"Thank you my friends," The stranger had an odd accent, slightly guttural and stunted. It sounded eastern. Blood ran from his arm, he held his hand over his wound and winced. "That beast would've been the death of me if not for you."
"What are you doing alone in the Valley? It's suicide in here." Caine was not one to sugarcoat things.
I started treating the mans wounds as he told us his story.
"I wasn't alone, not at first. There were rumors in my city of a valley plagued by long dead monsters. I set out with six other men, searching for this besieged place. We... we found what we were looking for. Ah!" He winced as I applied a salve I had packed in case Caine and I found more than we bargained for. It was foul-smelling and worked better than anything I could forage here.
"Sorry," I said.
"No, thank you for this." He gave a tired smile and his pale eyes looked on me with gratitude.
"What did you find?" Caine cleaned his sword on the moss.
"Well, it found us. Our camp was attacked by a dragon. We were so shocked to even see the beast... I don't think we thought the stories were real. It killed my companions while I was getting water from a spring nearby. I heard the screams of death and I... I fled." He looked down in shame. I finished tying off his bandage and shot Caine a look. It was hard to have compassion for cowards but one man was no match against a dragon.
"I am not proud of my actions, but I knew they were already dead and dying. The flames alone... I saw a village on the hill and decided I better try to go there. I was too far into the Valley to try to return home by myself. I thought I would see if they had answers or help."
"They don't," I replied and was surprised to hear how bitter I sounded. "That's why we're here. That's our village and our people are being slaughtered. We know the cause of our problems and we are going to fix it."
His head perked up at this. "Friends, I owe you my life. Please allow me to assist you. I came all this way, I am not ready to give up. I came to help."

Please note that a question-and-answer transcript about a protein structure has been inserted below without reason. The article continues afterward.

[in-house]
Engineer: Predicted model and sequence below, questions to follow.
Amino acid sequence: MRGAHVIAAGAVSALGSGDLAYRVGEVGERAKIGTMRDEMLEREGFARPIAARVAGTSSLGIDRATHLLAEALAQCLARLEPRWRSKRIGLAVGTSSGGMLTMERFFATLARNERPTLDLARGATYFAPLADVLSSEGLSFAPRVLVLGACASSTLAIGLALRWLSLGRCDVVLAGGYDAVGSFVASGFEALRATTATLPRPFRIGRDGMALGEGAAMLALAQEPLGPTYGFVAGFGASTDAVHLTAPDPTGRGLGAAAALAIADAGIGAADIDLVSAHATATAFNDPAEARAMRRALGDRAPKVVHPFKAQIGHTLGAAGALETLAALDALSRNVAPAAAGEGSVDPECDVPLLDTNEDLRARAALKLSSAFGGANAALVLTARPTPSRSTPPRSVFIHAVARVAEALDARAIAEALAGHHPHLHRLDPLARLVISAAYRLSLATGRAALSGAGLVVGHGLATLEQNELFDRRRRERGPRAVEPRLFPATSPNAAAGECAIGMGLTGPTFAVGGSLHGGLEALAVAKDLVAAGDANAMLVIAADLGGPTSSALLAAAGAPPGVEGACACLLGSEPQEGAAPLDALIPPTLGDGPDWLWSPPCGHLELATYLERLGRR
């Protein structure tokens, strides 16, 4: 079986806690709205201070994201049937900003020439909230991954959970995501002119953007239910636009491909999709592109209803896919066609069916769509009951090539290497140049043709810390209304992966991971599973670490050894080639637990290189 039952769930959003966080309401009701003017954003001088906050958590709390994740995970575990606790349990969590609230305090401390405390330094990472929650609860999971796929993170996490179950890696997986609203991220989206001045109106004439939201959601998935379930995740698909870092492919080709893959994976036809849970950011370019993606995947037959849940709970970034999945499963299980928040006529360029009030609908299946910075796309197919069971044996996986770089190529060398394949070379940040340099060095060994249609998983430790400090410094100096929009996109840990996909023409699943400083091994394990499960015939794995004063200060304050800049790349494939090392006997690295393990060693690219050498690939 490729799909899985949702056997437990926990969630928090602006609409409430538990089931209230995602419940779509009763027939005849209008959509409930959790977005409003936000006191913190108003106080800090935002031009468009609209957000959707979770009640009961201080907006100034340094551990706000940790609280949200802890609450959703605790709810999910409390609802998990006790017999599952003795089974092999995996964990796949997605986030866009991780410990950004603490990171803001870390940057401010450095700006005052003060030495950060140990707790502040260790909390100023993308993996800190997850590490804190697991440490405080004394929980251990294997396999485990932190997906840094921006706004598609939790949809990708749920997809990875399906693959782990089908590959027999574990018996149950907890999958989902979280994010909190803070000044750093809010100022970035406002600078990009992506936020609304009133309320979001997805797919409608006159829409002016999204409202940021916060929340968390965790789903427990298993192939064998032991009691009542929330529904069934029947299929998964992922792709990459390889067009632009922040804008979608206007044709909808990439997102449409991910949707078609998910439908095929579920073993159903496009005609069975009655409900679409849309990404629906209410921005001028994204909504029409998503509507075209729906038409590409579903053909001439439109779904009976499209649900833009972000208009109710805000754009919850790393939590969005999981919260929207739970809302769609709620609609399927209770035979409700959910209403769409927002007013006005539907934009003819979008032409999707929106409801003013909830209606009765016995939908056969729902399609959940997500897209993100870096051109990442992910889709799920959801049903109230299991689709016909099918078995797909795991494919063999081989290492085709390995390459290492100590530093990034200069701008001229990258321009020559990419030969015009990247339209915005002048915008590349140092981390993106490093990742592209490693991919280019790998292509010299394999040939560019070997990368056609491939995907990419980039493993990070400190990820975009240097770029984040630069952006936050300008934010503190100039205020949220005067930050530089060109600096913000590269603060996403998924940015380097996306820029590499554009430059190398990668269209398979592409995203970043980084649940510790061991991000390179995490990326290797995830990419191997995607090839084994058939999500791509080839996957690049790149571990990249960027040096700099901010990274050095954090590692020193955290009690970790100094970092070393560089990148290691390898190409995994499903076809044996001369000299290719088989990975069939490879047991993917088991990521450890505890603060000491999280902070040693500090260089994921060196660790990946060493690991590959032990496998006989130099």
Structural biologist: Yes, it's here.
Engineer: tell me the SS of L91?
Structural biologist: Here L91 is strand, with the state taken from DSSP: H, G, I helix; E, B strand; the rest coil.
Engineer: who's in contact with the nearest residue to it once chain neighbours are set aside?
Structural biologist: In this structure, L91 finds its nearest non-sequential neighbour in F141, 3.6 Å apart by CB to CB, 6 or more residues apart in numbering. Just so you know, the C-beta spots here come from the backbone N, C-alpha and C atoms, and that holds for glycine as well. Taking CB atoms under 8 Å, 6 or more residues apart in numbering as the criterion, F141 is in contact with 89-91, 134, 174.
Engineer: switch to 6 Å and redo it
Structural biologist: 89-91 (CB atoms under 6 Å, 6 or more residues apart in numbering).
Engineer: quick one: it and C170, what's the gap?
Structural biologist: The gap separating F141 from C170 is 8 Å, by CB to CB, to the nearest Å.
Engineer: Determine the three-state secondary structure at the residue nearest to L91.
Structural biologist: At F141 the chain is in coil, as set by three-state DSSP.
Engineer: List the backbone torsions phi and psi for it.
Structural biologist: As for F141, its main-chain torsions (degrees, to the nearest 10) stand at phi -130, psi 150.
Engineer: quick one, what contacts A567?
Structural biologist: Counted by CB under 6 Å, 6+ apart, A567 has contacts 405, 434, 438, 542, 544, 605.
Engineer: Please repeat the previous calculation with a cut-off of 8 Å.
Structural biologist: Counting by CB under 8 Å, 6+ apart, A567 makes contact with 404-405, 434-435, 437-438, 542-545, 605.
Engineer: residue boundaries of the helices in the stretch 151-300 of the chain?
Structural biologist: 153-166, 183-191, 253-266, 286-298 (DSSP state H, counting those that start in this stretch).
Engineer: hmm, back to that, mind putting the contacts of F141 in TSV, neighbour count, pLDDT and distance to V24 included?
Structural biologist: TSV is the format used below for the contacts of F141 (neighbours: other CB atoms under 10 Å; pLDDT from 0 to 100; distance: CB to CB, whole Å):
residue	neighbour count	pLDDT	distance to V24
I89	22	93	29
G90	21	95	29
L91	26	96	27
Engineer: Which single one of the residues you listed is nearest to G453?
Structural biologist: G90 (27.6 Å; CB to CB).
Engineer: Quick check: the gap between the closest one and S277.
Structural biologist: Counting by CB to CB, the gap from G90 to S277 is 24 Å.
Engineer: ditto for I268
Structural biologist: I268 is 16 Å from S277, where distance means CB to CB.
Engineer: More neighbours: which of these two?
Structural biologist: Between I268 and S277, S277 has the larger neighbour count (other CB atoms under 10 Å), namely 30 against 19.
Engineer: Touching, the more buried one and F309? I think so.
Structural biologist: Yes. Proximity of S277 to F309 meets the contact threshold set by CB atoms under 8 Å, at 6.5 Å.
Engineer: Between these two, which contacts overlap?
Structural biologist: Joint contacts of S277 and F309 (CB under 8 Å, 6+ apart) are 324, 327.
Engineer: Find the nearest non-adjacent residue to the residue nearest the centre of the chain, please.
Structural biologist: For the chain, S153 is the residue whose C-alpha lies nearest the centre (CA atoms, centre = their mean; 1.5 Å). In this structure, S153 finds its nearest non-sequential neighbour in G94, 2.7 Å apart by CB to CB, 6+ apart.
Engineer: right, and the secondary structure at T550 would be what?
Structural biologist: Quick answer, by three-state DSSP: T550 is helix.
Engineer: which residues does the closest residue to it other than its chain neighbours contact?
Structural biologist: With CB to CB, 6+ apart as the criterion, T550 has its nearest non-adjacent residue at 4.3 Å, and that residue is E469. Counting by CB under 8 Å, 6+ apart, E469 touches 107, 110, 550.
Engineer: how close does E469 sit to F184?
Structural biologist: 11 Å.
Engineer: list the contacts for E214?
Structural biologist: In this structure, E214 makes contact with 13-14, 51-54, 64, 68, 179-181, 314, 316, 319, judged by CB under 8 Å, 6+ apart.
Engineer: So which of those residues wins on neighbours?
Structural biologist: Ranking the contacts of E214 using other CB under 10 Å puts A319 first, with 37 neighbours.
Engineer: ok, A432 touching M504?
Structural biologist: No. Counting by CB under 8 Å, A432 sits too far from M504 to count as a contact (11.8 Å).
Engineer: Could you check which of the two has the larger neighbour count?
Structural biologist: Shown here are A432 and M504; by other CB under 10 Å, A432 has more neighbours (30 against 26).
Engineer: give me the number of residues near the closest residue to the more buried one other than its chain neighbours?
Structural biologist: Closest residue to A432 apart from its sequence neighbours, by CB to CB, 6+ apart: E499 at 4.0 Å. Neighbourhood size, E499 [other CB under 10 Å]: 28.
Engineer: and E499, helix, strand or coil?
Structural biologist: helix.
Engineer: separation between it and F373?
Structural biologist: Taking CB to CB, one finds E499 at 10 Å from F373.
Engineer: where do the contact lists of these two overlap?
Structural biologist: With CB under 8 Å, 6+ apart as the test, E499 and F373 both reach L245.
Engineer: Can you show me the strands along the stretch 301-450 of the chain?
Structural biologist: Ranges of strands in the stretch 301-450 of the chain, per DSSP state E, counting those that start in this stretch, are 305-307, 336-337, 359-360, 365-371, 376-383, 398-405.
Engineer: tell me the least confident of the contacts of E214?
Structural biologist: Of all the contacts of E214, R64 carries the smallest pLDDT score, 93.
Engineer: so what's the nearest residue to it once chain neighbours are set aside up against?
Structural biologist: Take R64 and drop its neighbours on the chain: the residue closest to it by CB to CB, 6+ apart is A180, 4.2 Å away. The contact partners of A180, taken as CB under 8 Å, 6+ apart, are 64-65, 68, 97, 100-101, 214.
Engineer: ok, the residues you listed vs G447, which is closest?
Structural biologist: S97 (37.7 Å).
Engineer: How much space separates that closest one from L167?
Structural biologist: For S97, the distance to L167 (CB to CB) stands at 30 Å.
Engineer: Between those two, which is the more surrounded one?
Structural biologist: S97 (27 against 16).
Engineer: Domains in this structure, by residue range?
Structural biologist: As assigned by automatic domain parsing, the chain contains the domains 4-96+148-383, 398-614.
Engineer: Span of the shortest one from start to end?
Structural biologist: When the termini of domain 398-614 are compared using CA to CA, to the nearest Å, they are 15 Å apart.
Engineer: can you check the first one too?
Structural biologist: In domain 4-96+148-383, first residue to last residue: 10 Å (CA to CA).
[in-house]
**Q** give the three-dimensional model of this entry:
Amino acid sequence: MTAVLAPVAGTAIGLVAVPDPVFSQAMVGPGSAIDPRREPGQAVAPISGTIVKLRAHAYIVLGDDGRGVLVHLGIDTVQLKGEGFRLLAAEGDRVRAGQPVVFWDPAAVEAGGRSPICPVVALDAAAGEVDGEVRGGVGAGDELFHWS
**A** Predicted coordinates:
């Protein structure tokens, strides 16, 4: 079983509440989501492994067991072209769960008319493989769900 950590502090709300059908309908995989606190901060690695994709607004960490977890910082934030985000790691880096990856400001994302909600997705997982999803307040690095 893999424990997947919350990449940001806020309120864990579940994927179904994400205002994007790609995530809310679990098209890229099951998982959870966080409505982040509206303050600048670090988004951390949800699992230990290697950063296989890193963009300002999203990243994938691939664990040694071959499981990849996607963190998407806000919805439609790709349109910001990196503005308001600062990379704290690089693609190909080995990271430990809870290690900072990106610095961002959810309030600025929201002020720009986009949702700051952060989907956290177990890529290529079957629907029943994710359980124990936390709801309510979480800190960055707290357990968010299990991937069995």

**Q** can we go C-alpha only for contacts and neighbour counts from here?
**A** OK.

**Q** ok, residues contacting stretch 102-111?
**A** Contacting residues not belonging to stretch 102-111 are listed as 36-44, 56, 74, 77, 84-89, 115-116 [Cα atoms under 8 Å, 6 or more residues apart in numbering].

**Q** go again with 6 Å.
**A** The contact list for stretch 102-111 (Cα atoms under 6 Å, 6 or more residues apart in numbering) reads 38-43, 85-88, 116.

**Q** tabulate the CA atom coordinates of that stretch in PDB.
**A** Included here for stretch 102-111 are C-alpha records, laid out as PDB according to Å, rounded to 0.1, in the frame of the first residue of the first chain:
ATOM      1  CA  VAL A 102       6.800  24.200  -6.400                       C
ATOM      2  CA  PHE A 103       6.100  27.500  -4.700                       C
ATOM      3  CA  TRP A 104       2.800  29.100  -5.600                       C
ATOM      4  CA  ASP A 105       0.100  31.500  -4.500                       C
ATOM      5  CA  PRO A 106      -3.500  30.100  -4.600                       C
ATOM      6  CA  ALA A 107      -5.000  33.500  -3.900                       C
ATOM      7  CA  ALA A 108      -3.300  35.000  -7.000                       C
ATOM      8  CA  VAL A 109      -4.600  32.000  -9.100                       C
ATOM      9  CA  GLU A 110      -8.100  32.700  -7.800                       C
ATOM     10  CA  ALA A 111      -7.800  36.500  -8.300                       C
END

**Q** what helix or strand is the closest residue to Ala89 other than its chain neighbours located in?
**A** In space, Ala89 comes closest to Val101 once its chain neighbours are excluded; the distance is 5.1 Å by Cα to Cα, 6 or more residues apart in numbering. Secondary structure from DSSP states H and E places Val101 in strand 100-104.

"Give us a minute," Caine pulled my arm towards the edge of the woods so we might confer. "I don't know about this."
"He might be able to help us," I suggested. "He made it this far."
"By abandoning his friends," Caine hissed.
"You and I both know that he could not stand alone against a dragon. He wasn't with them. He might prove useful to us."
"It isn't that bad, he'll heal quickly with Niamh's salve on there."
Caine fidgeted with his belt loop. The sky was growing darker and I was getting anxious to find somewhere to sleep for a couple hours. "Fine. But I don't trust him and I won't be surprised if he doesn't help."
"Okay. Let's find somewhere to set up camp. You and I can take turns standing guard."
"What is your name?" Caine walked over to our stranger, helping him up.
"Alright Berend. We better get away from this spot. Any scavengers after this corpse are ones we don't want to meet."
I helped Berend pack up his small camp while Caine kept watch through the woods. "I am Isolde by the way. That's Caine."
"Isolde. Beautiful name. I cannot thank you enough for letting me travel with you. The thought of continuing alone was worrisome."
"We'll look out for each other," I gave him a small smile. We packed everything up and set out looking for a place to camp for the night.
This was not how I expected our journey to start but Berend seemed pleasant and eager to help. I had a feeling we could use all the help we could get.